OBJECTIVE: To generate birth weight curves based on the obstetric estimate of gestational age as specified in the revised 2003 U.S. birth certificate.
METHODS: Using National Center for Health Statistics data from 2011, we constructed birth weight curves for neonates between 24 and 42 weeks of gestation. Curves were developed using the obstetric estimate of gestational age that is included in the revised 2003 U.S. birth certificate, which, when available, incorporates ultrasound dating information. Live-born singleton neonates between 500 and 6,000 g without malformations were included. These curves were compared with curves we generated using 1991 data on which the current national reference of Alexander and colleagues is based, a reference that used only last menstrual period to establish gestational age.
RESULTS: The 1991 curves were based on 3,684,778 U.S. live births and the 2011 on 3,252,011 births. Birth weight percentile values were greater from 28 to 36 weeks of gestation in the 1991 data set. That is, the birth weights for preterm neonates were overestimated when 1991 reference curves were used compared with the proposed 2011 reference. For example, in 1991, a birth weight of 2,000 g was at the 50th percentile between 31 and 32 weeks of gestation, whereas in 2011, a birth weight of 2,000 g now corresponds to the 50th percentile between 33 and 34 weeks of gestation.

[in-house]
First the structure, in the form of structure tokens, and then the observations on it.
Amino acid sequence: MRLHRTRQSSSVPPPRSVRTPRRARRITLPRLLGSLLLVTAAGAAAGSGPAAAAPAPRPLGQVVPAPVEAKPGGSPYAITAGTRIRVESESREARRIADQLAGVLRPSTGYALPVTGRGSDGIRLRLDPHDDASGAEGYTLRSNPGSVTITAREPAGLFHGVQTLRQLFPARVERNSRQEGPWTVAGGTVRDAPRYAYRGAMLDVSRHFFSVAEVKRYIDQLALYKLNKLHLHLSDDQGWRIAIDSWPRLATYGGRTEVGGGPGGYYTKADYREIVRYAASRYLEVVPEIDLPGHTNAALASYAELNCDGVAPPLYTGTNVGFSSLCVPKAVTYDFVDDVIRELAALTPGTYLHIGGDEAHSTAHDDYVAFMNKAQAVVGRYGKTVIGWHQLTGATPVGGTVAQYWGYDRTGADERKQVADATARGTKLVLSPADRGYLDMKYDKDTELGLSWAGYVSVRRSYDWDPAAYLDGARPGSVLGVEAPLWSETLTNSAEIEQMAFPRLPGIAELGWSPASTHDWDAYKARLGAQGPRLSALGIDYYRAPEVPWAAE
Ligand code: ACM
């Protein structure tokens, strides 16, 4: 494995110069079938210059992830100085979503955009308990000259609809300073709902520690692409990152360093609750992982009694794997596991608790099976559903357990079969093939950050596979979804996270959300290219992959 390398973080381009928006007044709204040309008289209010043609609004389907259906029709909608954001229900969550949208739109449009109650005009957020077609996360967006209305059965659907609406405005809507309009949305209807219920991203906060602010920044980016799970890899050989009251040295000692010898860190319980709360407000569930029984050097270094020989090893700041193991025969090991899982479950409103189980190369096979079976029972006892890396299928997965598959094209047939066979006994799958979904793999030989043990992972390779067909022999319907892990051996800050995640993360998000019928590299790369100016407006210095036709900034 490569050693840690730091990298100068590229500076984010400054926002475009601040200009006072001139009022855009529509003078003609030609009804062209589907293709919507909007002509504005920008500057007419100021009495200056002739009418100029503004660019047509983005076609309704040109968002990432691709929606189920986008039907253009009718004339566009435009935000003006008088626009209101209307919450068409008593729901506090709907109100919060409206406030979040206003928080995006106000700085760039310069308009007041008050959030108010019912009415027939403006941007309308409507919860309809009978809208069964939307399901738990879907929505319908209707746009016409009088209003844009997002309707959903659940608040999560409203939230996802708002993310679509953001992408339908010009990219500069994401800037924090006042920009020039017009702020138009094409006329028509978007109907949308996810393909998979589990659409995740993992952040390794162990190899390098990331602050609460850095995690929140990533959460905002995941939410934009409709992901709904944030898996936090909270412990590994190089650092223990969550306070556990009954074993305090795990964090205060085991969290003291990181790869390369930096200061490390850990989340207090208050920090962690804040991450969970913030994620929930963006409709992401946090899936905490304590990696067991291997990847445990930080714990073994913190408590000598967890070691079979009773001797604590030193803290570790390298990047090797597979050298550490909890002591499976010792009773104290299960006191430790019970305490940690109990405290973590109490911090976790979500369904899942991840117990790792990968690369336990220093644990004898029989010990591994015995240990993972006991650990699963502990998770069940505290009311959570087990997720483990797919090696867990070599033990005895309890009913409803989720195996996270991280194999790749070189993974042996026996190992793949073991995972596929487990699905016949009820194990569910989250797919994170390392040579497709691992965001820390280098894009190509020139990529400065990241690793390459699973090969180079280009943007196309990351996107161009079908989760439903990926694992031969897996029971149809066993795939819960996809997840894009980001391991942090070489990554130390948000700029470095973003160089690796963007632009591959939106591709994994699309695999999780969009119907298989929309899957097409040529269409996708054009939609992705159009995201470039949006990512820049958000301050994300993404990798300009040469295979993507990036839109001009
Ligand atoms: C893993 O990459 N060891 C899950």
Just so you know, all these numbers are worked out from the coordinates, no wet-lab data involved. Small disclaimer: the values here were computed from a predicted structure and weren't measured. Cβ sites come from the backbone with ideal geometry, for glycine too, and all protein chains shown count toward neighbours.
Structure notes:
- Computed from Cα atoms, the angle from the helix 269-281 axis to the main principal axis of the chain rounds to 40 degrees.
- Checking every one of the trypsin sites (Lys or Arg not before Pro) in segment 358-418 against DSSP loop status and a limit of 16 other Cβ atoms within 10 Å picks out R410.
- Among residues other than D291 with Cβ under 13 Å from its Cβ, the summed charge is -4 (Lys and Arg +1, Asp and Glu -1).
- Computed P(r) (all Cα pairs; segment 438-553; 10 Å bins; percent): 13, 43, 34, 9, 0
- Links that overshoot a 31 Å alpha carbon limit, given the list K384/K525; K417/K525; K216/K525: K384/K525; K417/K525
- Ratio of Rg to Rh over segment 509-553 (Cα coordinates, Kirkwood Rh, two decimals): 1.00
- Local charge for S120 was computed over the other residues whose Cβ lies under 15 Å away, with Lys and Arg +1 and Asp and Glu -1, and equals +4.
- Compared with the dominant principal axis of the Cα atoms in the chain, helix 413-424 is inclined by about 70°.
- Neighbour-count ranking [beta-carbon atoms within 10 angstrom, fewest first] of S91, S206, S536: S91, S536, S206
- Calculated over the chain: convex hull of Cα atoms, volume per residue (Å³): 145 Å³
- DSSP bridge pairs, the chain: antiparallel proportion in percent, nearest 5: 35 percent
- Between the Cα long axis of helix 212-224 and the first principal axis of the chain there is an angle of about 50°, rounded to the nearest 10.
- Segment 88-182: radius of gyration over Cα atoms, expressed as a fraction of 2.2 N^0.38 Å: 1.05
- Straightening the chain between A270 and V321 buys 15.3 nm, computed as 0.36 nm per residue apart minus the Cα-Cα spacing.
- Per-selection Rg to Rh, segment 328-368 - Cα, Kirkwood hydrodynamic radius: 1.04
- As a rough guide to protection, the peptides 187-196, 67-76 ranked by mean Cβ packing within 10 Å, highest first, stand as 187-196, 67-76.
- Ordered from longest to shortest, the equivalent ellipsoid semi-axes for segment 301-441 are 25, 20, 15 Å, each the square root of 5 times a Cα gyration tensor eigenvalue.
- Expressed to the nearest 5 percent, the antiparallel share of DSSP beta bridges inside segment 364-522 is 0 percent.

CONCLUSIONS: Our revised reference curve for the United States provides an updated national reference for birth weight.
LEVEL OF EVIDENCE: II
Revised birth weight reference curves for the United States take into account current obstetric methods of assigning gestational age.
Department of Obstetrics and Gynecology, University of Texas Southwestern Medical Center, Dallas, Texas.
Corresponding author: Elaine L. Duryea, MD, Department of Obstetrics and Gynecology, University of Texas Southwestern Medical Center at Dallas, 5323 Harry Hines Boulevard, Dallas, TX 75235-9032; e-mail: Elaine.Duryea@UTSouthwestern.edu.
Presented at the 34th Annual Meeting of the Society of Maternal-Fetal Medicine, February 3–8, 2014, New Orleans, Louisiana.
Financial Disclosure The authors did not report any potential conflicts of interest.